Writers on Kennedy
What we think about when we think about JFK
'Some of That Hope Died'
I was in the first grade at Sand Flat Elementary School. In my memory, the day is sunny and warm. It was lunchtime and all of the kids were outside on the playground, swinging, playing softball and basketball, playing in the deep sand under the building, just hanging out. Some of the older kids were saying that "A.C." had forgotten to ring the bell to end recess – we were getting a special bonus, more time to play outside.
The teachers had been listening to the news. Eventually, A.C., the principal, rang the bell and brought us all inside for a short assembly. Always a stoic, very well-composed man, he seemed emotionally shaken, sad, troubled. Mrs. Wade and Mrs. Howard, the other two teachers, had tears in their eyes. "President Kennedy has been shot and has died. ... School is out for the rest of the day. Gather your things and head to the bus."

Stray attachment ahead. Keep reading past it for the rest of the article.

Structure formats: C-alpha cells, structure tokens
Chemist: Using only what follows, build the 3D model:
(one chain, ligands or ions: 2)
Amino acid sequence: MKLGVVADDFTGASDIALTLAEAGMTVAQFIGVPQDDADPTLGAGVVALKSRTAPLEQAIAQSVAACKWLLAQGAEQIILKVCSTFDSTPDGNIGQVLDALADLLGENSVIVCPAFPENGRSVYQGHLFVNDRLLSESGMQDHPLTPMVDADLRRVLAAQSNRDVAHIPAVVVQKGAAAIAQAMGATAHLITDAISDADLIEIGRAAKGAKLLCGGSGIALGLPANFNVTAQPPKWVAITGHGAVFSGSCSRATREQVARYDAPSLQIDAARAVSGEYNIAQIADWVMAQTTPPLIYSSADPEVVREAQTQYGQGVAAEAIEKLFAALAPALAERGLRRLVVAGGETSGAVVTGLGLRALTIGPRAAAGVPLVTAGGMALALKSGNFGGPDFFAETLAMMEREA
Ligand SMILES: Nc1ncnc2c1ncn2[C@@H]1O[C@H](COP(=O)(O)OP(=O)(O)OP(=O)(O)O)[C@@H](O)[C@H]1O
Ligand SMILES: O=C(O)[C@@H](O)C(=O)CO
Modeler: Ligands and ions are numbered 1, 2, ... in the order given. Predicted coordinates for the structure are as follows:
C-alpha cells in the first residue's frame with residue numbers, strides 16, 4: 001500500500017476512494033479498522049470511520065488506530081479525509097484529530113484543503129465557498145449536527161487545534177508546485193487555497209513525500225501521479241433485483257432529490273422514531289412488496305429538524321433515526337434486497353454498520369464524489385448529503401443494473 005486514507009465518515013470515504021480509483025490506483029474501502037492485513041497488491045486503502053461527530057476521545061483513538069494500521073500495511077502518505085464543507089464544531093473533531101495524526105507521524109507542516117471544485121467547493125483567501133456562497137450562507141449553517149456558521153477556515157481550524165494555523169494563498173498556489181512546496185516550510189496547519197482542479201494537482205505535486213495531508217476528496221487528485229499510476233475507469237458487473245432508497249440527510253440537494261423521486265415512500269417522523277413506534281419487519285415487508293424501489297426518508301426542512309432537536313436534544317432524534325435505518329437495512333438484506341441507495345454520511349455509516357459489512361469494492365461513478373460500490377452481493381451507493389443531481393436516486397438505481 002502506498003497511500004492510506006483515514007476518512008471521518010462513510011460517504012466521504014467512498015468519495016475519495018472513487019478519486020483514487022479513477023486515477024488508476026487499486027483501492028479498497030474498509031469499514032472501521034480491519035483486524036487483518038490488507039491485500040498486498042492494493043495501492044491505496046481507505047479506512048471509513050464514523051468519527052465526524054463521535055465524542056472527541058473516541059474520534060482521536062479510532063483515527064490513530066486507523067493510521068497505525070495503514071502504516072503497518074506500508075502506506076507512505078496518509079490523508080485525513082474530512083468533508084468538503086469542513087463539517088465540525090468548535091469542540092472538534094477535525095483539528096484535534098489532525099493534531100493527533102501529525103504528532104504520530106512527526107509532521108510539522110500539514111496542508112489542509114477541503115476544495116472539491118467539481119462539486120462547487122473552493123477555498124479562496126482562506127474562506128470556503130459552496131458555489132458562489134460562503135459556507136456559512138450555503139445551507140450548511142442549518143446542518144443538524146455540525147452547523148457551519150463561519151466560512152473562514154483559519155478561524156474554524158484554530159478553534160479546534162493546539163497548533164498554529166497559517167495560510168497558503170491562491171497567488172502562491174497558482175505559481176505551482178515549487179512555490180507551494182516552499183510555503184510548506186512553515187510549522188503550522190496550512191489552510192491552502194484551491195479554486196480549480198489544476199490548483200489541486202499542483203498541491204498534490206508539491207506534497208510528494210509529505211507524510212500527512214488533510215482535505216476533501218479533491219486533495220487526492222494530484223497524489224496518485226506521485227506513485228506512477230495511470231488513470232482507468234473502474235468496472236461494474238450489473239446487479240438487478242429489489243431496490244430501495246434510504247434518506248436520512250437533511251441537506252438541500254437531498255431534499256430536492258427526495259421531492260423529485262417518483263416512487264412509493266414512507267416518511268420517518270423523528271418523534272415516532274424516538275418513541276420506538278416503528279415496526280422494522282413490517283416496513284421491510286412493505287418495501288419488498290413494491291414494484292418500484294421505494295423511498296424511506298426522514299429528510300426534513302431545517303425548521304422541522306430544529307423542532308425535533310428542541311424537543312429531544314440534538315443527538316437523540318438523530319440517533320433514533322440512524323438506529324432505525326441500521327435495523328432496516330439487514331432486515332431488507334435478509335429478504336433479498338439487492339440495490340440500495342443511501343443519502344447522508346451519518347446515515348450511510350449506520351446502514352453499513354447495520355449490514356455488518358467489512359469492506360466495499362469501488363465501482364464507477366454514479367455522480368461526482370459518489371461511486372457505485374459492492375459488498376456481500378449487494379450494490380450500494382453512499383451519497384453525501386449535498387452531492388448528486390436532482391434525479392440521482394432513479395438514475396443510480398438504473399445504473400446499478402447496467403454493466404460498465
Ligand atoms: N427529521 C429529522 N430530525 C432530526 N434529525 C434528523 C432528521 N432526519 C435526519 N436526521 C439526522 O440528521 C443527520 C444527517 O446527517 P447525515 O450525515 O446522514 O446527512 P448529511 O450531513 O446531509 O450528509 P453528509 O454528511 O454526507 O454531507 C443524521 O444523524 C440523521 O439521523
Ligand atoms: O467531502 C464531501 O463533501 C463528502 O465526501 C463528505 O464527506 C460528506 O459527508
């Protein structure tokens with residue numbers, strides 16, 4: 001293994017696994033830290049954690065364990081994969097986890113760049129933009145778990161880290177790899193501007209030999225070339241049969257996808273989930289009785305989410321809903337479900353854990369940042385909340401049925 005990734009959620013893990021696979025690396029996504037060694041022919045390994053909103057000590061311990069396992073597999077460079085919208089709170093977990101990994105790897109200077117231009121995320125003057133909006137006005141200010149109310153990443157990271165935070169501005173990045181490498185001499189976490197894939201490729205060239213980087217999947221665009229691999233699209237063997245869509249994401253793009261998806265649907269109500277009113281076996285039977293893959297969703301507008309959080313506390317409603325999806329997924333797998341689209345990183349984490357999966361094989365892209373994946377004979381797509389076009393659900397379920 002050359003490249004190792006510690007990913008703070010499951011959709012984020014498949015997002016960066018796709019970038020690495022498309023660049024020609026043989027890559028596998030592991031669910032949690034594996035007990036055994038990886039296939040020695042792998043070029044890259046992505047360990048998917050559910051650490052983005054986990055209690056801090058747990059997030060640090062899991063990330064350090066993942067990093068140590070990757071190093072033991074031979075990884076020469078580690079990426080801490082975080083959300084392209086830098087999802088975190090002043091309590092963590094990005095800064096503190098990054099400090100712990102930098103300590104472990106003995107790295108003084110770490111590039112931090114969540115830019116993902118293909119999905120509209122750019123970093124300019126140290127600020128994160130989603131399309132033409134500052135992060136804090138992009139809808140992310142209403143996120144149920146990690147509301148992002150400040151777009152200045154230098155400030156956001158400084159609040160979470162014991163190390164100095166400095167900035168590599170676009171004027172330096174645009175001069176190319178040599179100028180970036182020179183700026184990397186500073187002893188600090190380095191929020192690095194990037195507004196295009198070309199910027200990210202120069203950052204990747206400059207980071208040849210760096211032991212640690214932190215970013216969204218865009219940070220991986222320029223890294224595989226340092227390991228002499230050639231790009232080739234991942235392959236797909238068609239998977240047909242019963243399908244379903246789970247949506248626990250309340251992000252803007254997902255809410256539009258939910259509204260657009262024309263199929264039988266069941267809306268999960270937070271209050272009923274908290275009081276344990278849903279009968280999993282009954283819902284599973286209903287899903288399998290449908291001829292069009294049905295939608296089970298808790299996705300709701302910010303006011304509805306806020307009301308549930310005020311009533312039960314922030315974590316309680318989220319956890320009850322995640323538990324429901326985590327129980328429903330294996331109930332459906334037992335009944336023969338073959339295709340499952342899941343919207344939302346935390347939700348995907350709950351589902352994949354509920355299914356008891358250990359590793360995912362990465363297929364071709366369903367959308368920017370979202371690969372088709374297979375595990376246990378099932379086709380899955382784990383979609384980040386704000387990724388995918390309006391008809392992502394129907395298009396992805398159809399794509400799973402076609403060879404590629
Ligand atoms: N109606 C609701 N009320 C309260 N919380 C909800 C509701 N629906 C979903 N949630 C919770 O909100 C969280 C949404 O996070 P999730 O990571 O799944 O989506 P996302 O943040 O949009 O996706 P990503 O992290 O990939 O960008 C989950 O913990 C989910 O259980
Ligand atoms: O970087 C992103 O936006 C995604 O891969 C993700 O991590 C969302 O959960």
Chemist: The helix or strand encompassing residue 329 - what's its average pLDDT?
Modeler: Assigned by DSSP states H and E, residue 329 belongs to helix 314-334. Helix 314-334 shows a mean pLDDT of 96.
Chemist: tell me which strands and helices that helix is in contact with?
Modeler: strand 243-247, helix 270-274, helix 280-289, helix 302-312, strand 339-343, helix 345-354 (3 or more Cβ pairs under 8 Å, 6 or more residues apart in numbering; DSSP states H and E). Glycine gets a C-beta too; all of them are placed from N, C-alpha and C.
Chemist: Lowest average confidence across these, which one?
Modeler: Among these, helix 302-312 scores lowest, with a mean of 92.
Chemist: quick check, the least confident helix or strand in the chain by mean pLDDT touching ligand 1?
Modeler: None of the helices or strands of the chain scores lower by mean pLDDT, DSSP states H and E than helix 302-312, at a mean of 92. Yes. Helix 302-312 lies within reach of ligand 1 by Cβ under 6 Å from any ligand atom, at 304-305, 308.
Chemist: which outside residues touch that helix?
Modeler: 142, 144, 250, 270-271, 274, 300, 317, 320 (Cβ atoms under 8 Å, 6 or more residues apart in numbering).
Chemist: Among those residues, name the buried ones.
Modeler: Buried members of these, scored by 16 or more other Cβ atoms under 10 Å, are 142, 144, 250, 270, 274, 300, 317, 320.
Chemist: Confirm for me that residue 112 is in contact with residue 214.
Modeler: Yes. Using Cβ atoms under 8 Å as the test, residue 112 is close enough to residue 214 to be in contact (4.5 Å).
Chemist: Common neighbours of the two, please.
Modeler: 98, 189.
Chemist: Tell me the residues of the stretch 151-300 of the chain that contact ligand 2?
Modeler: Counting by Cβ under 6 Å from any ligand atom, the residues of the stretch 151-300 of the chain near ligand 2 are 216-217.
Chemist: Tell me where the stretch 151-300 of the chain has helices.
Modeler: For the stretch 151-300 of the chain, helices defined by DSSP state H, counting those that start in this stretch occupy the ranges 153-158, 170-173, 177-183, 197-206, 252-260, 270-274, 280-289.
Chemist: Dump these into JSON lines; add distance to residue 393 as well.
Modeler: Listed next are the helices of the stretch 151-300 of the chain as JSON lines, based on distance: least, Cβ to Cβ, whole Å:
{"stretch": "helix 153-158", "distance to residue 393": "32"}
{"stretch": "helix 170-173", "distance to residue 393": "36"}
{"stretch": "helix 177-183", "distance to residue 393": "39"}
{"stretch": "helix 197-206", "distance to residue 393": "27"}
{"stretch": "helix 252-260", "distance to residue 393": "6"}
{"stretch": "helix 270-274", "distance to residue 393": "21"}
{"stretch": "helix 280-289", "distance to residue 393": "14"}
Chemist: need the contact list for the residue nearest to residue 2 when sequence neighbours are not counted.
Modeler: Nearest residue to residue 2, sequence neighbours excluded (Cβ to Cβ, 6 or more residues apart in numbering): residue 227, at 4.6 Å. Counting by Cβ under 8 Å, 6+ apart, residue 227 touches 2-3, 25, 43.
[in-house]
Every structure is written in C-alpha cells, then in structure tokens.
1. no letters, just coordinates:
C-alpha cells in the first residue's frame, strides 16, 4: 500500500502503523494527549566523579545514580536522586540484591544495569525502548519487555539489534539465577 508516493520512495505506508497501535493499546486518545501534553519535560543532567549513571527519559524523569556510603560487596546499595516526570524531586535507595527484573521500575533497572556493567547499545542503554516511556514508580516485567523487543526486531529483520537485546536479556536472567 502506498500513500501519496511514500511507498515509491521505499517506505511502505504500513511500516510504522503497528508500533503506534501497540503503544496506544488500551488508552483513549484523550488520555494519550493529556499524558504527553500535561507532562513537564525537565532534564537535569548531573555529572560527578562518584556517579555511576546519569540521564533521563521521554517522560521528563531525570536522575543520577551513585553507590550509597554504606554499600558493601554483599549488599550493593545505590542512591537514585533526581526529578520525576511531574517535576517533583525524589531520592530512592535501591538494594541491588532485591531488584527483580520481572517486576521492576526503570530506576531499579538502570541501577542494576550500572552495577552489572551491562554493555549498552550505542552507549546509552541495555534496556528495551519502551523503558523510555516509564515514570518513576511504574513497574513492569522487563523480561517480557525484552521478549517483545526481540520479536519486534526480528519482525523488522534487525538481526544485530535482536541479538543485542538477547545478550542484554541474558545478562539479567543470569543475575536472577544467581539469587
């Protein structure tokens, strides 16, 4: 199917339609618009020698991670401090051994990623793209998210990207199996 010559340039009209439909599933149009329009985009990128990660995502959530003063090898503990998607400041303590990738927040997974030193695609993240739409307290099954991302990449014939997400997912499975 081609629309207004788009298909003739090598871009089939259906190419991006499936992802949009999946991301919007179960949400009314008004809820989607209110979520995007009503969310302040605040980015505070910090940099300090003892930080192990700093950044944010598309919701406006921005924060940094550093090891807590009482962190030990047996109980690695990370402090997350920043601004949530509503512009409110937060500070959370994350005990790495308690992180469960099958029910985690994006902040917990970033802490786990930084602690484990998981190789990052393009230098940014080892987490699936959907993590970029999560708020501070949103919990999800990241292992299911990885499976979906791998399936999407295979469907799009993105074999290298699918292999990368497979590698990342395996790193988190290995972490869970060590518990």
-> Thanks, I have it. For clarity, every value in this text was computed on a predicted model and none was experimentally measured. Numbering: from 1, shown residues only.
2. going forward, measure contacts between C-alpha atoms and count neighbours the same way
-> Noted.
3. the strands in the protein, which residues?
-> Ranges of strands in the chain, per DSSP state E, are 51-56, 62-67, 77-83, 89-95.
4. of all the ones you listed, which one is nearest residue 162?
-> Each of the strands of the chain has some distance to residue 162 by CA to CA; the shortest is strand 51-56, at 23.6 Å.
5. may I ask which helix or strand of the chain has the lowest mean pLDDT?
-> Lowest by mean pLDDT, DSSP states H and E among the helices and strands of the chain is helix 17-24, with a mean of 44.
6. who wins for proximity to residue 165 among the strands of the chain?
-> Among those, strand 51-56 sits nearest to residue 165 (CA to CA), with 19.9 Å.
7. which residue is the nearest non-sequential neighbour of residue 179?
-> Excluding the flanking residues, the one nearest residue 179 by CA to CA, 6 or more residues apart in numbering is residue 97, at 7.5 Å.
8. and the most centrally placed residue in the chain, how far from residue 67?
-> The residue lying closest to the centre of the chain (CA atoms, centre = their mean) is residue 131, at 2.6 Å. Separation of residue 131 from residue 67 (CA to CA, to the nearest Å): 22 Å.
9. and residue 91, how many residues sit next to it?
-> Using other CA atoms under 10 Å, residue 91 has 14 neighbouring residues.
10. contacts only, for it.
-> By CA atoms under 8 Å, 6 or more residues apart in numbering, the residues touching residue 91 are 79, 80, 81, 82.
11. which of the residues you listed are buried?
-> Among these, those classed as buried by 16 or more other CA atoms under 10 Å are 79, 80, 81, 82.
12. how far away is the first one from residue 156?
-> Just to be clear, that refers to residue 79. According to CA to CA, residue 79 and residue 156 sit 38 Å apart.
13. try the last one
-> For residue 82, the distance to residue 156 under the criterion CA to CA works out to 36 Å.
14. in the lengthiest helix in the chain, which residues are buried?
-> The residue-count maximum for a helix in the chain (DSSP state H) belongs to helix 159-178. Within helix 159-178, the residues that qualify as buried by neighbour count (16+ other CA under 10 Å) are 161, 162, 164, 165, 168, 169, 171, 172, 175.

Kennedy's death was significant even for me and the 50 other little black kids at Sand Flat School. Sand Flat School – the "Colored School" in Emory, Texas – was a three-classroom Rosenwald School. A.C., my dad, was superintendent, principal, seventh- and eighth-grade teacher, basketball and track coach, bus driver, and head cook. Our textbooks were hand-me-downs from the "White School." This was long after Brown v. Board of Education (1954), but that was our reality in Emory.
The Kennedy brothers were going to fix all of this and make America do the right thing. That's what the grown folks had been saying. Among black folks, in the Emory of 1963, when John F. Kennedy died, some of that hope died with him.
Harold McMillan is a professional musician and a live-music and event producer, with Kenny Dorham's Backyard, the Historic Victory Grill, and DiverseArts Culture Works.